• In the s/a column, blue represents systems where the electrocyclic component forms a bond antarafacially. whereas the cycloaddition component forms both bonds suprafacially to both the alkene and the diene.
  • Red represents systems where the electrocyclic component forms a terminus bond antarafacially and the cycloaddition component forms a bond suprafacially to the alkene but antarafacially to the diene.
  • Where the π-system in the pericyclic transition state has a local orthogonality (i.e. the pericyclic π-system is locally twisted by 90°±6 at one point) it is not possible to confidently distinguish between supra and antarafacial. Such instances are declared non-aromatic and are shown in black.
  • In the NICS column, green represents an aromatic value and red an antiaromatic value. Black is effectively non-aromatic.

Individual entries

The way to read the table above is the following. In the 4th column (electron count in each ring, corresponding to the curly arrows representing the reaction at that ring), determine if the count belongs to the 4n or the 4n+2 rule.  Next for each ring, is the number of antarafacial components odd, or zero. Finally, does the NICS aromaticity index match with the inference from the first two properties, i.e. 4n+2 + zero a = aromatic, 4n + odd a = aromatic and the corollary of 4n+2 + odd a = anti-aromatic, 4n + zero a = anti-aromatic.

Entry 1:  All three rings correspond to aromatic pericyclic transition states, but with the cycloaddition ring far more aromatic than the electroclisation rings. This is reflected in the bond lengths in the rings. The cycloaddition ring has lengths close to the “aromatic” value of 1.4Å. whereas the electrocyclic rings have highly alternating bond lengths. The calculated lengths correspond to the “cycloaddition” curly arrows in the scheme above and not to the “electrocyclic” arrows. This reaction does not have the characteristics of three simultaneous pericyclic reactions, or to use the parlance of the title of this post, it is not trimerous.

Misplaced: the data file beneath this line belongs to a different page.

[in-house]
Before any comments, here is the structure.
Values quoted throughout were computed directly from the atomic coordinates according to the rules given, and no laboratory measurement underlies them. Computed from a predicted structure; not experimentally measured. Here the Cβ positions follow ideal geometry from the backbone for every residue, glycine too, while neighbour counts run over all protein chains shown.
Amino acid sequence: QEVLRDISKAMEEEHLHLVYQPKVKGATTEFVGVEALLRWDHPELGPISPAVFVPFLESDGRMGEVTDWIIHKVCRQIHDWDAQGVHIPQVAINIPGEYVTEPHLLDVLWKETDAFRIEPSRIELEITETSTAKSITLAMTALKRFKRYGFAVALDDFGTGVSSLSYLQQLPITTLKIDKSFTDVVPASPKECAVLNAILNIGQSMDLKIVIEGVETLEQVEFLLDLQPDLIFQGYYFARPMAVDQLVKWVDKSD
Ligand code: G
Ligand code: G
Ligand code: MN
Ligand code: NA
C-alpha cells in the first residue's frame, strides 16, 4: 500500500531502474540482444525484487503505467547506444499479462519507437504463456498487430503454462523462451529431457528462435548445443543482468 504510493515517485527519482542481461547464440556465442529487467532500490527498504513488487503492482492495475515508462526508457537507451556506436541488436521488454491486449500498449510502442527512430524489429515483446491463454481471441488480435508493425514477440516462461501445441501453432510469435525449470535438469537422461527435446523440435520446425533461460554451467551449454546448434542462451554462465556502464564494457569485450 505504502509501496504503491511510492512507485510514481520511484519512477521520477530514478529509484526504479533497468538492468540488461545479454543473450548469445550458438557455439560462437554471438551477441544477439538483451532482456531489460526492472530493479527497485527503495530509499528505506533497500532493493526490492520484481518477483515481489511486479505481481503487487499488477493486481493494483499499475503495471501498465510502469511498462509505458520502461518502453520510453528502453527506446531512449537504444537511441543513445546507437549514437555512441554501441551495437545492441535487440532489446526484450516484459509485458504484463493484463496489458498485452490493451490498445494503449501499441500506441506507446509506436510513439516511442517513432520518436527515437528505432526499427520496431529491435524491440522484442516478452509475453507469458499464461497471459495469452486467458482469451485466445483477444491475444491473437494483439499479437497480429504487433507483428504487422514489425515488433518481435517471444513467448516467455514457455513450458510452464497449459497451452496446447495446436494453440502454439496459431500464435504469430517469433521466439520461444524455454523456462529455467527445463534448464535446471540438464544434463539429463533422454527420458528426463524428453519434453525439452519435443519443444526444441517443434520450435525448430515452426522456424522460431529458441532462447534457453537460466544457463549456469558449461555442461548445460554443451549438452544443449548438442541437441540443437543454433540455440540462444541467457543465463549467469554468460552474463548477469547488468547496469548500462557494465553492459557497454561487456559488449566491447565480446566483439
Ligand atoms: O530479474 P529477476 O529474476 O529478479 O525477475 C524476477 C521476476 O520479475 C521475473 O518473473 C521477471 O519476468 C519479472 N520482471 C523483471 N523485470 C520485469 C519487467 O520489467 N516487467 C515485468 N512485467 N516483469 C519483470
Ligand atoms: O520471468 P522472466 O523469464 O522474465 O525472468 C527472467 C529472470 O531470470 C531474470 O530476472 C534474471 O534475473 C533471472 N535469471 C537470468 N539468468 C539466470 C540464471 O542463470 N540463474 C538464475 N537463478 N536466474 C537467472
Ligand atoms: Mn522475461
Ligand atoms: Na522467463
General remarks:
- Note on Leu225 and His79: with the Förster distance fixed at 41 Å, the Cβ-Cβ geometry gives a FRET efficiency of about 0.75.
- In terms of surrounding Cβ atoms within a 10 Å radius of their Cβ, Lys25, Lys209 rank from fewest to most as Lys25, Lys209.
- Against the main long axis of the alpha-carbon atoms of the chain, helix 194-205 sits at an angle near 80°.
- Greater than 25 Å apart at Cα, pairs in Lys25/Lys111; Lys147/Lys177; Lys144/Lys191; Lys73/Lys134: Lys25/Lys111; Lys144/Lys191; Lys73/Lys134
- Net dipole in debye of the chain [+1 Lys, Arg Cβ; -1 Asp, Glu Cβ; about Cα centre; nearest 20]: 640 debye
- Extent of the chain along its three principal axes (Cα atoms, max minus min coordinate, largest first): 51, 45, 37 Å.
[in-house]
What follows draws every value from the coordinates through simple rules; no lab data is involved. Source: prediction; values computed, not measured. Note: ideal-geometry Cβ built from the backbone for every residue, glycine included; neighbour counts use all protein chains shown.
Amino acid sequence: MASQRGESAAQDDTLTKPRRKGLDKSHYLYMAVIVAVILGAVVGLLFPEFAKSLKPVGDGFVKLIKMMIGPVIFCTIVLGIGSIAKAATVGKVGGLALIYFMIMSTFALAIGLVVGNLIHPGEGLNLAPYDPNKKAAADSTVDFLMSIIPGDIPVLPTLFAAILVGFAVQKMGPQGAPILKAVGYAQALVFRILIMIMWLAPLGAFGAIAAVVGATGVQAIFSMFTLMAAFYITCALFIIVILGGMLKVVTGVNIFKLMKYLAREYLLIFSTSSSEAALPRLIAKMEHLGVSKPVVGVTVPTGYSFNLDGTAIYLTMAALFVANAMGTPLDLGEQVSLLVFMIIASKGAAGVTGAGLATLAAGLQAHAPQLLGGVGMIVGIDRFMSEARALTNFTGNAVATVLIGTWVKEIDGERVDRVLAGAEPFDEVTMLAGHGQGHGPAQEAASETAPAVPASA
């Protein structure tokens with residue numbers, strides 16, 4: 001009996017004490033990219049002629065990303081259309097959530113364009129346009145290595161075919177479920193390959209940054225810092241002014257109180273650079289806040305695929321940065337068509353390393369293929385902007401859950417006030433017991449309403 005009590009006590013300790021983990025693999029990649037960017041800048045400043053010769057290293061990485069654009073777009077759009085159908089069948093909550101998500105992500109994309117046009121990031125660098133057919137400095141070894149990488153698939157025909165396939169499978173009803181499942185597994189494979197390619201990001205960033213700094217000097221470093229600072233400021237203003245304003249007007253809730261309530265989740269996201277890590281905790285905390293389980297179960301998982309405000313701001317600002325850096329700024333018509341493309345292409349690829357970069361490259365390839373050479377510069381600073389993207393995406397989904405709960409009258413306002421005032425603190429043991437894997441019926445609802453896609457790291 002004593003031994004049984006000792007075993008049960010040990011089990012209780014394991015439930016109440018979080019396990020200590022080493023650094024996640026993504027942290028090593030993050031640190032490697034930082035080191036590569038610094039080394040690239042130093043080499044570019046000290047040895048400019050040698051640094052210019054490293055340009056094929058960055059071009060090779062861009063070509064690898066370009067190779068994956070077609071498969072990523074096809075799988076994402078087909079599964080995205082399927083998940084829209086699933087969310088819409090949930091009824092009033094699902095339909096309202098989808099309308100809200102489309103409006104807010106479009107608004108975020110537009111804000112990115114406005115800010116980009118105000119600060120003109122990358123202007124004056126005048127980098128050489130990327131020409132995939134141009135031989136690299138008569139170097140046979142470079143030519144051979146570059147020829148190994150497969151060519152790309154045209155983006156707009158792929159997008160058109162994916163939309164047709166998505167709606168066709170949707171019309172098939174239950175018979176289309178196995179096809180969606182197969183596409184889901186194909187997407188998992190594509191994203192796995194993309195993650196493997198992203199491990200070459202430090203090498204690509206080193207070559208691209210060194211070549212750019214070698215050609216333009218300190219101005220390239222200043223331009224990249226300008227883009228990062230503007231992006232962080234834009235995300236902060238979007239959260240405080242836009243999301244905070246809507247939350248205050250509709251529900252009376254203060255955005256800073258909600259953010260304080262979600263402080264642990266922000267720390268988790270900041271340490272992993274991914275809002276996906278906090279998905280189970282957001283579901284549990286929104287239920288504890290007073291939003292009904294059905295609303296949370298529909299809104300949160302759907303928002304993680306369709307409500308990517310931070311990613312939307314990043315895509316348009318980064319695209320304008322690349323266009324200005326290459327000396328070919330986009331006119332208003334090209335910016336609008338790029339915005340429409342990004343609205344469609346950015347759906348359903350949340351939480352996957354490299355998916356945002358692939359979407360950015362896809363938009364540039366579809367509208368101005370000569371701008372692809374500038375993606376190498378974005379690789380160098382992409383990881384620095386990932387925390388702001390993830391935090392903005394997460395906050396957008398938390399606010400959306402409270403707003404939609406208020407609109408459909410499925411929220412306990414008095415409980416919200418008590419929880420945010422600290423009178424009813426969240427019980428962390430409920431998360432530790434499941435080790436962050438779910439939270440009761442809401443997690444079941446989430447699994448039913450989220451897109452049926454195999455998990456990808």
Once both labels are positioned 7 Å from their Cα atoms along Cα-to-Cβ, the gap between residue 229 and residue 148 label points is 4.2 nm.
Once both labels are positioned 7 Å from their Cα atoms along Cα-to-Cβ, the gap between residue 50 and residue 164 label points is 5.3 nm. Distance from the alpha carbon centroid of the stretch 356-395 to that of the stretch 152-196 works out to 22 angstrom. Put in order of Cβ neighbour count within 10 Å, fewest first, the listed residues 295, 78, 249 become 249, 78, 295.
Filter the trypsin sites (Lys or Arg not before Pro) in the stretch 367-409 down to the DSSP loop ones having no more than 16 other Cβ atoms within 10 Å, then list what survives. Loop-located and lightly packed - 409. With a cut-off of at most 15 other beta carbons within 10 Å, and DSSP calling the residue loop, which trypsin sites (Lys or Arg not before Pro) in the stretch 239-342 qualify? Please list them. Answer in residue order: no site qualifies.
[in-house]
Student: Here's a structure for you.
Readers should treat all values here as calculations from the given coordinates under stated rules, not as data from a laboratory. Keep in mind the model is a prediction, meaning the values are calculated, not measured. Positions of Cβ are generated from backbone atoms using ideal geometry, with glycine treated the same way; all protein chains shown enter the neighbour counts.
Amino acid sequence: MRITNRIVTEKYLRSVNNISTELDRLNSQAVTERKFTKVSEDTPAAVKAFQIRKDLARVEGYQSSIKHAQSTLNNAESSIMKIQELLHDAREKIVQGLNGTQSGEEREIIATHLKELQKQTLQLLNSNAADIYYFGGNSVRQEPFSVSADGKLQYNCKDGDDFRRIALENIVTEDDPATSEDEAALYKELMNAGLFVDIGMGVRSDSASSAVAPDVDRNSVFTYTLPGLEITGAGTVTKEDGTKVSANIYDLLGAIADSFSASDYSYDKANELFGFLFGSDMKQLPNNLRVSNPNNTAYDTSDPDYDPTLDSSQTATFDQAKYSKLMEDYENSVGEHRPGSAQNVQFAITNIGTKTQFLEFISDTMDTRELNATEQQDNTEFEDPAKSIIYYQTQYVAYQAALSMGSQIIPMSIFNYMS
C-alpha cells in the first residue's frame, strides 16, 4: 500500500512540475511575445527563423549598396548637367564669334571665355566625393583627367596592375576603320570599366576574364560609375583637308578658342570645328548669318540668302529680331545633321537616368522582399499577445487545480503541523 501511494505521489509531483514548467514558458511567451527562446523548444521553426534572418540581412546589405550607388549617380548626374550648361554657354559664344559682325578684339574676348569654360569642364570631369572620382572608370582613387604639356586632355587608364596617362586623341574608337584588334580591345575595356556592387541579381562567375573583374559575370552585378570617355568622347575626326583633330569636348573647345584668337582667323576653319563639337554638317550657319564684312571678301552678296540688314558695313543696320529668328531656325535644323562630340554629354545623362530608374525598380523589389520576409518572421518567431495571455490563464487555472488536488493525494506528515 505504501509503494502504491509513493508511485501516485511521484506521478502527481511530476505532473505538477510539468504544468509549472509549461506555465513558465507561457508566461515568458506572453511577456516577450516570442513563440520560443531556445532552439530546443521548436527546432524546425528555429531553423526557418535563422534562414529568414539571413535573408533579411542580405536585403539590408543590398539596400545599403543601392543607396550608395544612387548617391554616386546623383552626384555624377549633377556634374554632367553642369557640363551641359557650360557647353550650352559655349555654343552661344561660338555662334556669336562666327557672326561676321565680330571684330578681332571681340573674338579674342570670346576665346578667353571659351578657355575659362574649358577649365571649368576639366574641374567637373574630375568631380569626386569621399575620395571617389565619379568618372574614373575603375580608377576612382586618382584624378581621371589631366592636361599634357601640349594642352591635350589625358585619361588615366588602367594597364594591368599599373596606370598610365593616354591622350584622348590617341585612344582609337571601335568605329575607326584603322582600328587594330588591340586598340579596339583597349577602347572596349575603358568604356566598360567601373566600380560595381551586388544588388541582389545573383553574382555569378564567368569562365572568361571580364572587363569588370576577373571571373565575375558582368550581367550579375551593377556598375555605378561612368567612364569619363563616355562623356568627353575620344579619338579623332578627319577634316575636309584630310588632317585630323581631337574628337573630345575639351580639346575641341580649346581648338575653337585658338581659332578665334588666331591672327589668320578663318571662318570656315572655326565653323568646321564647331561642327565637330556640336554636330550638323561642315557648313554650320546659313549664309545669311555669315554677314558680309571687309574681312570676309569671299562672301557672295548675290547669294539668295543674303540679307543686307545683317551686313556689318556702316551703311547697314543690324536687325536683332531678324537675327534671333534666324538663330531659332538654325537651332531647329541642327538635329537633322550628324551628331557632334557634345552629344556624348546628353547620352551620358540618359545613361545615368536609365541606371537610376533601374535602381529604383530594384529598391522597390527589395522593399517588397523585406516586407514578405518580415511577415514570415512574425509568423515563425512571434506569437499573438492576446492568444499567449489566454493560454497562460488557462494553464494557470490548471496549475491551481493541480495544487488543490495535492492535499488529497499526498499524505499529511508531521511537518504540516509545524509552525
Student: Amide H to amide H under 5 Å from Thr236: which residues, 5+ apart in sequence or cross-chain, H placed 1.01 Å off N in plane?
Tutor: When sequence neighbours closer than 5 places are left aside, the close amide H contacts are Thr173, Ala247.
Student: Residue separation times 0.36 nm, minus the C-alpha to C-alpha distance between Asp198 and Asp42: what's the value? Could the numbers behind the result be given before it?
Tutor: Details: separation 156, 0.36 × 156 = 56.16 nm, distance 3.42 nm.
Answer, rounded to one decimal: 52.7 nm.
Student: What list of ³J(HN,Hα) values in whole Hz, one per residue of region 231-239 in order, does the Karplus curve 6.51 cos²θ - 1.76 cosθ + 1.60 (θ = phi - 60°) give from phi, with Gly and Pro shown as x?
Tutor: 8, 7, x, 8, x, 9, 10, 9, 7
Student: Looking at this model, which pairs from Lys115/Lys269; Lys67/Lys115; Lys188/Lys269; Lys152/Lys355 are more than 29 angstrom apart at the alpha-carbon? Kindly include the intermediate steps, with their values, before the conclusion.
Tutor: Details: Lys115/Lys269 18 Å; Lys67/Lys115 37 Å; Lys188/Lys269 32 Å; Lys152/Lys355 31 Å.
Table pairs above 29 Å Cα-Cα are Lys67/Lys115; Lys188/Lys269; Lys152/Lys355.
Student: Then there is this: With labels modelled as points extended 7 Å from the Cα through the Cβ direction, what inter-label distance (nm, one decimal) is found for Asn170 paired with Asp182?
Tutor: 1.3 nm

Click image to see 3D model.

Entry 6: This time, the central ring is again strongly aromatic (4n+2 + zero a = aromatic) but the two outer rings are strongly antiaromatic (4n+2 + odd a = anti-aromatic). Again the curly arrows correspond to cycloaddition and not electrocyclisation.

Click image to see 3D model.

Entry 11: As with entry 1, all three rings should again be aromatic (4n+2 + zero a = aromatic;4n + odd a = aromatic).In reality the bond lengths and  aromaticity indicate that this time the curly arrows are those of two concurrent electrocyclic reactions and NOT of one cycloaddition.  But there is a sting in the tail. This symmetrical system is NOT a true transition state. 

Click image to see 3D model.

Entry 10: This is the true transition state corresponding to entry 11, in which completion of one electrocyclic reaction preceeds the other; they are no longer synchronous but asynchronous, with one C-C bond (1.946Å) formed before the other (2.790Å). This pericyclic reaction can indeed be now considered trimerous, albeit with the three individual pericyclic reactions happening at different rates.

Click image to see 3D model

We can see that allowed pericyclic reactions in which three separate modes operate in concert (trimerous) are unlikely to happen. In effect the “aromaticity” tends to localise in one region rather than operate simultaneously in three rings. The collection of examples above also nicely illustrates the operation of the Woodward-Hoffmann rules as recast in terms of transition state aromaticity.

The original blog was also data rich, containing the encouragement to Click above to obtain model. It did not however cite the DOI of the repository entry for this data, an omission here rectified. †Or even, but no examples of this in the table.


  1. H.S. Rzepa, "The Aromaticity of Pericyclic Reaction Transition States", Journal of Chemical Education, vol. 84, pp. 1535, 2007.